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We could be heroes: Self coaching and how to go about it – Part 2

Self coaching is a very useful tool and if used correctly and appropriately can be very effective in helping you take the initiative and make a positive change. If you missed Part 1 of this blog post, it can be found here.

Now we will continue to look at what tools you can use for self coaching. 

Action Learning Sets

An action learning set is a group of individuals who gather together over a period of time to explore a particular topic. Between meetings, the members of the set go away to explore issues back at work that are related to the topic. They then bring their experiences to the next meeting and discuss them with the whole set. Coaching yourself can assist you in getting the most out of an action learning set and vice versa.

During a 360 degree feedback process

Some organisations use either ad hoc or regular 360 degree feedback processes. If you are actively coaching yourself, this is likely to assist you in completing the 360 degree questionnaire, getting the most out of the feedback from the whole process and acting on it to further develop yourself.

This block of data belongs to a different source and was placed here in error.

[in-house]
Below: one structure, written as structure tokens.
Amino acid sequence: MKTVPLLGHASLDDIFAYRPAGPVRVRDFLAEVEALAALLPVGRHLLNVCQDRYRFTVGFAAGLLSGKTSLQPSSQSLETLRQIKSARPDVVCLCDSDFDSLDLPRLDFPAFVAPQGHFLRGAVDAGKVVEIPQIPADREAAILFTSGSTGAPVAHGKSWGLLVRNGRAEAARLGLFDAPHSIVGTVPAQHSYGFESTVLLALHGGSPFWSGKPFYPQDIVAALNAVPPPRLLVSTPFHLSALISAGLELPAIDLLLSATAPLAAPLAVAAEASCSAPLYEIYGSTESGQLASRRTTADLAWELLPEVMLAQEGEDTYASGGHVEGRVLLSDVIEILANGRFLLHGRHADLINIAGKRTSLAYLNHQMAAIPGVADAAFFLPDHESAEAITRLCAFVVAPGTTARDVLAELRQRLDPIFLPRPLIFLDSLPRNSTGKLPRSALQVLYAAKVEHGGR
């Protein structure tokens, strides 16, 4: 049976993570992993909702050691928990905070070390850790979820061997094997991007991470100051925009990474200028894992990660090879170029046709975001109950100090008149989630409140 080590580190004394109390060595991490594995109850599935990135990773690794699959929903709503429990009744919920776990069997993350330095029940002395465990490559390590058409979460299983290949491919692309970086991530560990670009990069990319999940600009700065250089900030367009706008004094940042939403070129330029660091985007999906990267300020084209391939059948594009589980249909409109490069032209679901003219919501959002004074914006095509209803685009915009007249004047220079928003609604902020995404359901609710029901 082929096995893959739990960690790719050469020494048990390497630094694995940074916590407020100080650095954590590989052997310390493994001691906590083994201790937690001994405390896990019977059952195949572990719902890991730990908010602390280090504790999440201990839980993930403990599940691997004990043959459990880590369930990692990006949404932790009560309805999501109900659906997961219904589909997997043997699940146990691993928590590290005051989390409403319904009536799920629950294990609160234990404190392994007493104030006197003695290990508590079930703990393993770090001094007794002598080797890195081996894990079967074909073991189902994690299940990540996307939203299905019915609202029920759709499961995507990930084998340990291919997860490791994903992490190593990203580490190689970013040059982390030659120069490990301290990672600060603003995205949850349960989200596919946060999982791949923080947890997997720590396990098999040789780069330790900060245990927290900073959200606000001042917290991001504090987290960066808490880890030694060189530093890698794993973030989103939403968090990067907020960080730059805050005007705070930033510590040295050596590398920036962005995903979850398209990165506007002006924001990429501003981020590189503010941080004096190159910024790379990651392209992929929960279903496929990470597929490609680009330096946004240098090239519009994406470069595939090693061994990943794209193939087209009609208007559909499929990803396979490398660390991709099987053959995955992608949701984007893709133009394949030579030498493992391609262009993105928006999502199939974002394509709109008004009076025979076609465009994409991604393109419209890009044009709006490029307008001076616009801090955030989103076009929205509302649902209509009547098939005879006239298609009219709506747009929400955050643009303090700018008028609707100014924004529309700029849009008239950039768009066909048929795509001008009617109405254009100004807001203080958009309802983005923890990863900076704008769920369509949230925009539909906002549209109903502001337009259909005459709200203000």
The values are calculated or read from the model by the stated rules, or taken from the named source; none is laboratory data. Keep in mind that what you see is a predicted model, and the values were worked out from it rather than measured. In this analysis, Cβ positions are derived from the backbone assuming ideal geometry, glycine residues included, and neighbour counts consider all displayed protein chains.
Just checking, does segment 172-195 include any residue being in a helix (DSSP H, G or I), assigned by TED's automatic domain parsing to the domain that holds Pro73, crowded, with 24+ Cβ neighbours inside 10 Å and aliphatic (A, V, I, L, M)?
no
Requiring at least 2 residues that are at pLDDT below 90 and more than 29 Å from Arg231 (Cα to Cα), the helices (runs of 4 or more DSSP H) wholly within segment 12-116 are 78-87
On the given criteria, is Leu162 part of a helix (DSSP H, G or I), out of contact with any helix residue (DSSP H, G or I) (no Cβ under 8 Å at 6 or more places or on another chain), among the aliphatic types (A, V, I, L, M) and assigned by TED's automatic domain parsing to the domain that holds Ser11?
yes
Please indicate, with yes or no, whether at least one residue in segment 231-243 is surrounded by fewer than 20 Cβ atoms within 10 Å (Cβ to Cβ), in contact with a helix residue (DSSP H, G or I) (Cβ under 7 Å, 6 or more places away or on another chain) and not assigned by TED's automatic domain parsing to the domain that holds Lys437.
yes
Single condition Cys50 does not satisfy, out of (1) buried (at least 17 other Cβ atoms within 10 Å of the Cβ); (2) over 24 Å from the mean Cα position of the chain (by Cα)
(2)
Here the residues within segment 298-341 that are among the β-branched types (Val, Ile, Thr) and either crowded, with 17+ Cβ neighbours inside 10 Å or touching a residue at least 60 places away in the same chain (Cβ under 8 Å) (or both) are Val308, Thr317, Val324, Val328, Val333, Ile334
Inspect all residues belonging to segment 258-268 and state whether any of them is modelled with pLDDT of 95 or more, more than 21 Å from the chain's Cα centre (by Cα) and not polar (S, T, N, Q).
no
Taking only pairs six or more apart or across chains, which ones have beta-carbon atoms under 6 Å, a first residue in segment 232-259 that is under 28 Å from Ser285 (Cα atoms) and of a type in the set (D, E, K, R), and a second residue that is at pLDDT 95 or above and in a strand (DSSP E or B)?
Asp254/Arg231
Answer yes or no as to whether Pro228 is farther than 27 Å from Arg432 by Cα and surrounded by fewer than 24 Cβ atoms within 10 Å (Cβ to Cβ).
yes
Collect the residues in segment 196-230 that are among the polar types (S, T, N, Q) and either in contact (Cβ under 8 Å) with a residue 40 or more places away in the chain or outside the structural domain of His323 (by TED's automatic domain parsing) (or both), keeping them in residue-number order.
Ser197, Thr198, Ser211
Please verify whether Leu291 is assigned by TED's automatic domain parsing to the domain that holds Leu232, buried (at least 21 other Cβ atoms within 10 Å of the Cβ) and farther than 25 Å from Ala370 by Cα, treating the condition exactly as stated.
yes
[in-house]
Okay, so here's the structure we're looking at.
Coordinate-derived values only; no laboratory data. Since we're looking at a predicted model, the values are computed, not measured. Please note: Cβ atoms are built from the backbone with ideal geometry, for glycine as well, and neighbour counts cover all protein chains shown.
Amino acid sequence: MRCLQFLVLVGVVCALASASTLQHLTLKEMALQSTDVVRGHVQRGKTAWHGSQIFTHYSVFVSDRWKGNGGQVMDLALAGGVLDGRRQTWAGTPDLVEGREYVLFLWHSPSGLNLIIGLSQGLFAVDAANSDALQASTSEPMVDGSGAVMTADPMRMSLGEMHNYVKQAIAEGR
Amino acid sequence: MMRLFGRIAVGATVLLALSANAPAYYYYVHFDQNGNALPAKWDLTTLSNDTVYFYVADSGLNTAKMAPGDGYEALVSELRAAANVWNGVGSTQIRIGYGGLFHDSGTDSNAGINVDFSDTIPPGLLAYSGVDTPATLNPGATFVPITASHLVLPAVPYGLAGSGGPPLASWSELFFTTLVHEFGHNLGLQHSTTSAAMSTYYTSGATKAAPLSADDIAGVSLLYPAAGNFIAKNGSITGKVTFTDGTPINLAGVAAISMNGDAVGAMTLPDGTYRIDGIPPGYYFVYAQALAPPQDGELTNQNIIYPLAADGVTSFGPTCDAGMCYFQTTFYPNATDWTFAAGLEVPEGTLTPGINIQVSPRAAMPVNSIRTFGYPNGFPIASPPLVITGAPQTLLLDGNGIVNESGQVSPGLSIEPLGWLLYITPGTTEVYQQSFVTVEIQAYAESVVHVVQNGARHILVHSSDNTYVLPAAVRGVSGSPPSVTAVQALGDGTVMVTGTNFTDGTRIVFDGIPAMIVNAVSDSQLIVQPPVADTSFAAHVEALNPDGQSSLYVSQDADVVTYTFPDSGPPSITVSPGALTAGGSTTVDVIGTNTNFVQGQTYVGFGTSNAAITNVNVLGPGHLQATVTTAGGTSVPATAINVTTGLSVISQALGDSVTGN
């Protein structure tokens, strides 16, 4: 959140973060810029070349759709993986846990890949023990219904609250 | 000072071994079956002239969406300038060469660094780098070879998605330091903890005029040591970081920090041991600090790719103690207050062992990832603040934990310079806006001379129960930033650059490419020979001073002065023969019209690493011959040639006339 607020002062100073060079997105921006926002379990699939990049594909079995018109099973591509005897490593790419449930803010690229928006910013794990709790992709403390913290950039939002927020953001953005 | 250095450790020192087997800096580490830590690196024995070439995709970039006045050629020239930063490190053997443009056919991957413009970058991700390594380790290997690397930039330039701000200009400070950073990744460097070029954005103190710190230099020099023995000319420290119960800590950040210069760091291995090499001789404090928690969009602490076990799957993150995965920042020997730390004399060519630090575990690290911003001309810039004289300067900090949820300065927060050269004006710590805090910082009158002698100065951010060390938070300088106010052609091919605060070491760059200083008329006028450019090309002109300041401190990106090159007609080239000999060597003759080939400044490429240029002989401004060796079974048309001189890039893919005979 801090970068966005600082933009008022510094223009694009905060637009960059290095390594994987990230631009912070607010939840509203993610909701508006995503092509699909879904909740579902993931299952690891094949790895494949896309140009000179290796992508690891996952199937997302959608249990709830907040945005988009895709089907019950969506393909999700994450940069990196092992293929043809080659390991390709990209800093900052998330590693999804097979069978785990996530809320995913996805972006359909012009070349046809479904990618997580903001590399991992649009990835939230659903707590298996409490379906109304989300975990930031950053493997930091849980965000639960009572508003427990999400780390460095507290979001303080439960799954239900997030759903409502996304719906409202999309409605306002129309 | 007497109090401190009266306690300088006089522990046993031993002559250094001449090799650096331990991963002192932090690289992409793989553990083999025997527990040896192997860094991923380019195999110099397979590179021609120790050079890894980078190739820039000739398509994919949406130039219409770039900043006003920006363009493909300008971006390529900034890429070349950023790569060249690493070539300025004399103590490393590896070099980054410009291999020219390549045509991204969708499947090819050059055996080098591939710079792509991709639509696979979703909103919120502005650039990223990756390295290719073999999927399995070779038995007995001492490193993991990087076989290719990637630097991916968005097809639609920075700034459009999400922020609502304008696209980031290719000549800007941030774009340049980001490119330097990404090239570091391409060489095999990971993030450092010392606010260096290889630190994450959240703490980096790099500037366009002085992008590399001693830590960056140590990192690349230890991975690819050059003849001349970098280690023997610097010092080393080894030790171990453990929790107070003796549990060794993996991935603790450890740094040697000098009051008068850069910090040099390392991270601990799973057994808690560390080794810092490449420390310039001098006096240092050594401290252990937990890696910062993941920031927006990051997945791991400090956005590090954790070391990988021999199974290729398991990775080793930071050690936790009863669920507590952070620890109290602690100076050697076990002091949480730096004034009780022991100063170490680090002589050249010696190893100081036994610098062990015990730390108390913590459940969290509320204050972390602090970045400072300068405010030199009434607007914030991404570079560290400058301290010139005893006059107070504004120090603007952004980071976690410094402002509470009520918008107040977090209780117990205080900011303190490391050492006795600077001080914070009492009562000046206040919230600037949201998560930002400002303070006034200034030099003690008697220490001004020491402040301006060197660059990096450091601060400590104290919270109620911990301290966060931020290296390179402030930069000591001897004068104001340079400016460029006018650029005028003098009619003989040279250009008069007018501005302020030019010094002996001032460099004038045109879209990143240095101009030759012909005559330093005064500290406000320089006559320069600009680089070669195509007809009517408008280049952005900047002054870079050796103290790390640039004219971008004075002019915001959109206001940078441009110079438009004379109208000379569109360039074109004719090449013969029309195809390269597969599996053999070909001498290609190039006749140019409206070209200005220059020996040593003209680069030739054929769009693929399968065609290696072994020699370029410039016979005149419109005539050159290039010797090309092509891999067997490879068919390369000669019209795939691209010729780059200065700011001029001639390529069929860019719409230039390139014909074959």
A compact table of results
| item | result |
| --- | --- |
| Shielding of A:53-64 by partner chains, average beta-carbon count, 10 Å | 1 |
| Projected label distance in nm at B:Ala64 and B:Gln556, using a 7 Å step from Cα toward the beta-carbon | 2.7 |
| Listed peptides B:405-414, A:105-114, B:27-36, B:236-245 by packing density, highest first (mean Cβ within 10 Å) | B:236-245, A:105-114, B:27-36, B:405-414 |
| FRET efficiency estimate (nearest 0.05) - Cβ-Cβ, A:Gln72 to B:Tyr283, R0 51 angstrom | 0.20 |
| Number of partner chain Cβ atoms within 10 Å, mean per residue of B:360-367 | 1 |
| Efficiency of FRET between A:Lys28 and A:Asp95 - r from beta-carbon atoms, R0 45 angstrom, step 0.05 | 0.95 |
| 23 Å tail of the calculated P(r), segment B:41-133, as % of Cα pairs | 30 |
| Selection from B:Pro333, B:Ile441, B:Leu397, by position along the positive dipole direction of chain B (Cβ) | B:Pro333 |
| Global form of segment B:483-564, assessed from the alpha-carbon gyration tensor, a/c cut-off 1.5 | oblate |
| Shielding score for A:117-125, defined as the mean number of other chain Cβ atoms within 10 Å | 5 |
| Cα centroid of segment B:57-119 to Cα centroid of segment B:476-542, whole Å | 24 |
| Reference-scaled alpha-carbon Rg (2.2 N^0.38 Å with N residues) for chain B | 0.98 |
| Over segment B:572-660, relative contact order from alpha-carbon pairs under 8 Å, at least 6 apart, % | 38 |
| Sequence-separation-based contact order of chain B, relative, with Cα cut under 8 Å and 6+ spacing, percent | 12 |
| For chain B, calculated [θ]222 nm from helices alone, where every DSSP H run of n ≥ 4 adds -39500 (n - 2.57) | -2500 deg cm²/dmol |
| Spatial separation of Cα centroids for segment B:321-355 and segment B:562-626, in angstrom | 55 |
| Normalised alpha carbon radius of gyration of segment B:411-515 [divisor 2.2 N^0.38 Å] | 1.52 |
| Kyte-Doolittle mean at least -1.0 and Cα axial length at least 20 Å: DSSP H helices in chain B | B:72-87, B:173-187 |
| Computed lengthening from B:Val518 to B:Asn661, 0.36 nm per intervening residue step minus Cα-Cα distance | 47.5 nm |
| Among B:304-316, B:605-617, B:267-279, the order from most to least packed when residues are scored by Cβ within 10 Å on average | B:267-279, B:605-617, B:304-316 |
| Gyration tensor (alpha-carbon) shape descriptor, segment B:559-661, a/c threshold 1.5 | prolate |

Mentors (real or virtual)

This might be someone within or outside the organisation that can act as a mentor. You can test out with them the ideas and reflections that have come from your self coaching. Nowadays, mentoring can be face to face, on the phone or via email. 

You might be asking what virtual mentors could be. Well, even if you don’t have an actual mentor, or if you cannot contact them when you need to at a particularly challenging time, there is an exercise that can help you to tap into a mentor’s wisdom. Virtual mentors are people who you call on in your mind, rather than in reality. They could be dead, alive, fictional or real, mythical, historical, known to you or famous. Your mentor could even be an animal: for example, some people have a courageous lion or wise owl as a mentor.